Posted by Citizen R on February 5, 2014 at 2:26 PM · Report this
ScrawnyKayaker 5
@4 This bank, sir, is no Pike Place Market.
Posted by ScrawnyKayaker on February 5, 2014 at 2:37 PM · Report this
Pope Peabrain 6
If the Times wants to tear it down, somebody is getting fucked. And you can bet it's not the rich.
Posted by Pope Peabrain on February 5, 2014 at 2:59 PM · Report this
Max Solomon 7
If Tahir-Garrett's fur it, I'm agin it. Plaque it.
Posted by Max Solomon on February 5, 2014 at 3:07 PM · Report this
Tear it down and call the new building "The Key Bank Luxury Condominiums"
Posted by bsweek on February 5, 2014 at 3:56 PM · Report this
Matt the Engineer 9
This sounds like a great location for a plaque. Put in a plaque about the architect and the previous building. I think we could use more plaques and fewer 1-story suburban banks.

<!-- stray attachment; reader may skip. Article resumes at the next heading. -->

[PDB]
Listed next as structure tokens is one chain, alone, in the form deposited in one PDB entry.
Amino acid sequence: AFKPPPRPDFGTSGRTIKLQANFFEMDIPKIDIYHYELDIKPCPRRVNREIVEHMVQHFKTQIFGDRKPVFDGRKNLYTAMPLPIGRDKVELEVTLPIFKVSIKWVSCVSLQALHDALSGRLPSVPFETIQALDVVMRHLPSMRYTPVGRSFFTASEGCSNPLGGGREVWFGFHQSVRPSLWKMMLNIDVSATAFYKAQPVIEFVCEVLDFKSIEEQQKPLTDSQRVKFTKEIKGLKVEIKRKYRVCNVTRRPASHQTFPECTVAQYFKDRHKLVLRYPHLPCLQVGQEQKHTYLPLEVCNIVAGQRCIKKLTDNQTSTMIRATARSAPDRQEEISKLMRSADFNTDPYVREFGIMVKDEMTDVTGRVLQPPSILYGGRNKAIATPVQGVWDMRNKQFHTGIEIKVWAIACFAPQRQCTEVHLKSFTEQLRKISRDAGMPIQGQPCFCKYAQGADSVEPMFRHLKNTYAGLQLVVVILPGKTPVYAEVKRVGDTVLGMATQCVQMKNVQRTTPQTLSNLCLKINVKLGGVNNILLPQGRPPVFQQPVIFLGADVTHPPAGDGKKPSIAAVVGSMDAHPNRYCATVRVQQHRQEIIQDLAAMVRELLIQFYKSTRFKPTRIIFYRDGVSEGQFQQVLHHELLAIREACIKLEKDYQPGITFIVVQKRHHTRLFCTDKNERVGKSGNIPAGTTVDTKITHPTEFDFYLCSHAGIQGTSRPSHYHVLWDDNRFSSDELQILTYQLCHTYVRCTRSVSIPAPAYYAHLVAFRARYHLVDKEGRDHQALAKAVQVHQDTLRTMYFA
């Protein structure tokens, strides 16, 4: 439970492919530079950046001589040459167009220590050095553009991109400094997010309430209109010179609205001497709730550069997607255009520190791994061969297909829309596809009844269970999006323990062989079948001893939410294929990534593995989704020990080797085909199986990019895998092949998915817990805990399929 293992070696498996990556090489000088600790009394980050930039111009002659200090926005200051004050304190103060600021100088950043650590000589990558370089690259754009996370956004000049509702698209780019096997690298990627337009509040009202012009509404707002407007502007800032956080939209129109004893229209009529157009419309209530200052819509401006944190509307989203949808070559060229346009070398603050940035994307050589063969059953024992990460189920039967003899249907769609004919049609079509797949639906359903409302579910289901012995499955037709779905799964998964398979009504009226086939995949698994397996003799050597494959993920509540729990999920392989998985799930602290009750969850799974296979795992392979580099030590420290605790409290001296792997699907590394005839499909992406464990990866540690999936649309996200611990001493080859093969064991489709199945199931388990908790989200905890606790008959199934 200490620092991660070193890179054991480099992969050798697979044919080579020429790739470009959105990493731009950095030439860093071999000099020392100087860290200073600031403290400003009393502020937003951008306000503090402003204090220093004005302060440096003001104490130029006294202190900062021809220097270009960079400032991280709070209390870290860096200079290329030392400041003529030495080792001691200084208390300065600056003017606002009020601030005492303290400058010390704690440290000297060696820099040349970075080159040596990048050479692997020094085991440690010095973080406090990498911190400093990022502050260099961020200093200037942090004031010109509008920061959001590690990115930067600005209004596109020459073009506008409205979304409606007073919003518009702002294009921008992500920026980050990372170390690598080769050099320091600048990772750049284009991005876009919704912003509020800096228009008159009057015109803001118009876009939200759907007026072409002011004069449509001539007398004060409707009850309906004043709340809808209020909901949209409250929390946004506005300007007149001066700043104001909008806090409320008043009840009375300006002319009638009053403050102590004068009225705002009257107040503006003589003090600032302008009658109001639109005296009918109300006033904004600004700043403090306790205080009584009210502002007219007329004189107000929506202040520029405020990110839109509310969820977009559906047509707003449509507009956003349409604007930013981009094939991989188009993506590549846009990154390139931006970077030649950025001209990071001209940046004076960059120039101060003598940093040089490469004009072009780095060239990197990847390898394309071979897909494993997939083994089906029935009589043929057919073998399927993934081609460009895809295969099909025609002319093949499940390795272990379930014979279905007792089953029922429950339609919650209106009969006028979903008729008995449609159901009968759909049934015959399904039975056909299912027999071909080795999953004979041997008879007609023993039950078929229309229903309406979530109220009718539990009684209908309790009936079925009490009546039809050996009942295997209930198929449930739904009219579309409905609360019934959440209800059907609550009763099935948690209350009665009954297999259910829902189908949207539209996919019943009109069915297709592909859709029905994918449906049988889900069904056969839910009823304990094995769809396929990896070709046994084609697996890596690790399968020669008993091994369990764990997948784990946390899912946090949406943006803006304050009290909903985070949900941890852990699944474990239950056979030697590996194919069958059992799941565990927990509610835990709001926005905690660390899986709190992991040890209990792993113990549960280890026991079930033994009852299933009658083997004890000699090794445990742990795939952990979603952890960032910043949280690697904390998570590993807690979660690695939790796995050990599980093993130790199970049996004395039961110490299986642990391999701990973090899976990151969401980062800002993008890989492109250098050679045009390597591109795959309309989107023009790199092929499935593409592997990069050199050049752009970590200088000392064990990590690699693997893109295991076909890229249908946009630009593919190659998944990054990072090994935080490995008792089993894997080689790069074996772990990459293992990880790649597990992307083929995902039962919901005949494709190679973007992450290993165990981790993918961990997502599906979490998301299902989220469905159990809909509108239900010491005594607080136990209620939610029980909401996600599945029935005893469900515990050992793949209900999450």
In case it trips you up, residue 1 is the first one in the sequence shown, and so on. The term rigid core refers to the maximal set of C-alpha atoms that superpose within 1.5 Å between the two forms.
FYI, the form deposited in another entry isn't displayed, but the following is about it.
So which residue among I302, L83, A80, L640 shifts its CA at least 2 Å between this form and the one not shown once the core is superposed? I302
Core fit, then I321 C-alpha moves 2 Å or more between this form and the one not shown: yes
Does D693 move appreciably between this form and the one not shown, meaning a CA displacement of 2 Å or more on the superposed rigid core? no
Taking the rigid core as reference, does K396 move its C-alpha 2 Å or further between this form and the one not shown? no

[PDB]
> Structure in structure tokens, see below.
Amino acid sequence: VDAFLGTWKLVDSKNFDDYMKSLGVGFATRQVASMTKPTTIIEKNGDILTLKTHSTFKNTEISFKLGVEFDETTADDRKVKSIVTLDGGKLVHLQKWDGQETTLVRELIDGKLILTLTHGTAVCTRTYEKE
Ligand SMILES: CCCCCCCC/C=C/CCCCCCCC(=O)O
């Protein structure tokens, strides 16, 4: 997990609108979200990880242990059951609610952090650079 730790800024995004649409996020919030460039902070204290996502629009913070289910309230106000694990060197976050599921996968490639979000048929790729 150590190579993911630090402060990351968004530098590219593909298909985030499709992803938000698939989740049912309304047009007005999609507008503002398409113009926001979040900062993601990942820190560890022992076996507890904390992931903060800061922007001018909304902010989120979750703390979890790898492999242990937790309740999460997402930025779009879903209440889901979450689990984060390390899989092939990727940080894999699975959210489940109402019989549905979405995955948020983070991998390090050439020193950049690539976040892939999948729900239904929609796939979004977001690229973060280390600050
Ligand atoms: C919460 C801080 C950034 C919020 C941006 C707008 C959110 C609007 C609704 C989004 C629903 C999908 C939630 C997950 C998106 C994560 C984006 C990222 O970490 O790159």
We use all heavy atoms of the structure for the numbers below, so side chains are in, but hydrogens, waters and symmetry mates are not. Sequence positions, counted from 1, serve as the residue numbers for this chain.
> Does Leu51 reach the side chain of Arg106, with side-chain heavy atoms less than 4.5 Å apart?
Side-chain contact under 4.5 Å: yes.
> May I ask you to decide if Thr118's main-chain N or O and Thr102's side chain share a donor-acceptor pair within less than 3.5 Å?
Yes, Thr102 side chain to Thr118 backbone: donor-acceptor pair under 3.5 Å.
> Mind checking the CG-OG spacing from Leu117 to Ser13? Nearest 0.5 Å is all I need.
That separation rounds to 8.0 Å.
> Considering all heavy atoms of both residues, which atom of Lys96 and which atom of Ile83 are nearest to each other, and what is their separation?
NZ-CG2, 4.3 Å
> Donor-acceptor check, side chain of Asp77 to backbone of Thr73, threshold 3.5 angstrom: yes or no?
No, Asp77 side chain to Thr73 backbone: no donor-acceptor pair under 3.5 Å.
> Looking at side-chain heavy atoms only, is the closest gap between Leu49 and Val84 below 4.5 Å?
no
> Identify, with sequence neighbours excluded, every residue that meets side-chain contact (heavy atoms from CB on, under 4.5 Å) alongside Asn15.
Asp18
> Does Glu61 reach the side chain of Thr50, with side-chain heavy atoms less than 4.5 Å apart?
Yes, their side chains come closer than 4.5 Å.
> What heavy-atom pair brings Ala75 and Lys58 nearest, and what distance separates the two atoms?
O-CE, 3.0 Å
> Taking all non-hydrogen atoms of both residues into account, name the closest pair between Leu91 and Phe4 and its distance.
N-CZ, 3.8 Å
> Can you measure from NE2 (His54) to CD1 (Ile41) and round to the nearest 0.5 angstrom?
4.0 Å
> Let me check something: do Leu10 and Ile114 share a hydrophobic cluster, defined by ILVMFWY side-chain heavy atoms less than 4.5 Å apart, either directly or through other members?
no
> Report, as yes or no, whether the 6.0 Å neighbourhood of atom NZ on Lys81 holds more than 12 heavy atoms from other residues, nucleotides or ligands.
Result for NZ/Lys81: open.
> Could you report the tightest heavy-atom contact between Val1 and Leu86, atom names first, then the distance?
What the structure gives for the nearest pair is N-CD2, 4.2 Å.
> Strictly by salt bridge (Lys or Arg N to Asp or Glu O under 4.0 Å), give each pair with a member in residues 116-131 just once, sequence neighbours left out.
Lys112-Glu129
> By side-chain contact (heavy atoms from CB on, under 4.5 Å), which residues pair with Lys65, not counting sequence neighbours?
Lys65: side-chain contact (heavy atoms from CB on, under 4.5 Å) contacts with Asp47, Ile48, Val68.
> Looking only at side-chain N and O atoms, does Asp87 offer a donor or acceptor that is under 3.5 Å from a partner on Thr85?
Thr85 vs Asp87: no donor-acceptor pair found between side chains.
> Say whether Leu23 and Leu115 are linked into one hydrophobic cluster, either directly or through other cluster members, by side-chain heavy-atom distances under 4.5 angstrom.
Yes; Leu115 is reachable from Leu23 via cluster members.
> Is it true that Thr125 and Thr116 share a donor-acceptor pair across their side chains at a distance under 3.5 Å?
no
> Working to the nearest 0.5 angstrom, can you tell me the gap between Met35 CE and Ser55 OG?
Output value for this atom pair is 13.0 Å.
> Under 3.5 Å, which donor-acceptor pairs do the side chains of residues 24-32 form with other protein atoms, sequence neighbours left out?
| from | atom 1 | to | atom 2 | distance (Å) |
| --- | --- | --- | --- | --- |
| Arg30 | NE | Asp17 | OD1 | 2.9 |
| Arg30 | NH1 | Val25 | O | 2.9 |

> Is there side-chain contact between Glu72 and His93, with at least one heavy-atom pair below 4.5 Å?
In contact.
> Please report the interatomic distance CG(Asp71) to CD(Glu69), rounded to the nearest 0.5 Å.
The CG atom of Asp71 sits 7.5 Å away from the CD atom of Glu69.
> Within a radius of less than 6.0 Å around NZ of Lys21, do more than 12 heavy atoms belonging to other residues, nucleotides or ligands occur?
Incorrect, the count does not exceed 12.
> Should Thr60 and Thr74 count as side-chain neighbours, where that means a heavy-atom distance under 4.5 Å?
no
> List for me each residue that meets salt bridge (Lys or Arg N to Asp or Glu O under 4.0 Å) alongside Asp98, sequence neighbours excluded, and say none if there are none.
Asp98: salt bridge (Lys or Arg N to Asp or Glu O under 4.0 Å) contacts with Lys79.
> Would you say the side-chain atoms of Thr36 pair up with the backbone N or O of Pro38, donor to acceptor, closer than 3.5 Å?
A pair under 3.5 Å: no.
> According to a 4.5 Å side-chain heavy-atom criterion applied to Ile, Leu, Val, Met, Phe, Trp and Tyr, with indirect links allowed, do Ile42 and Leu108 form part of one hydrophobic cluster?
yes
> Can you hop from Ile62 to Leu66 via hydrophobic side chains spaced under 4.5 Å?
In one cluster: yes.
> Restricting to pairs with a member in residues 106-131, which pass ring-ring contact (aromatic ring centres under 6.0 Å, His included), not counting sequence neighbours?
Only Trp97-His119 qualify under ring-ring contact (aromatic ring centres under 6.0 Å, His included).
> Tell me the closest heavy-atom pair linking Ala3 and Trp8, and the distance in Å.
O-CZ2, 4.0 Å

Posted by Matt the Engineer on February 5, 2014 at 4:07 PM · Report this
Omari needs professional help and so do his colleagues.
Posted by Bob Flowers got away with the goods though on February 5, 2014 at 4:12 PM · Report this

I don't think, in this context, suburban means what you think it means.


Hey c'mon, we got historical buildings here in Seattle, why some of them are over 100 years old!
Posted by COMTE on February 5, 2014 at 4:12 PM · Report this
It's a nondescript building that will likely lay empty if the property isn't redeveloped. We don't need another abandoned, fenced-off property in our neighborhood.
Posted by cavatappi on February 5, 2014 at 4:16 PM · Report this
@5, my point in @4 is that there are values to consider other than density alone. The current urban redevelopment conversation needs to be broadened. All neighborhoods have local structures that are worth saving, and this may be one of them for the Central Area.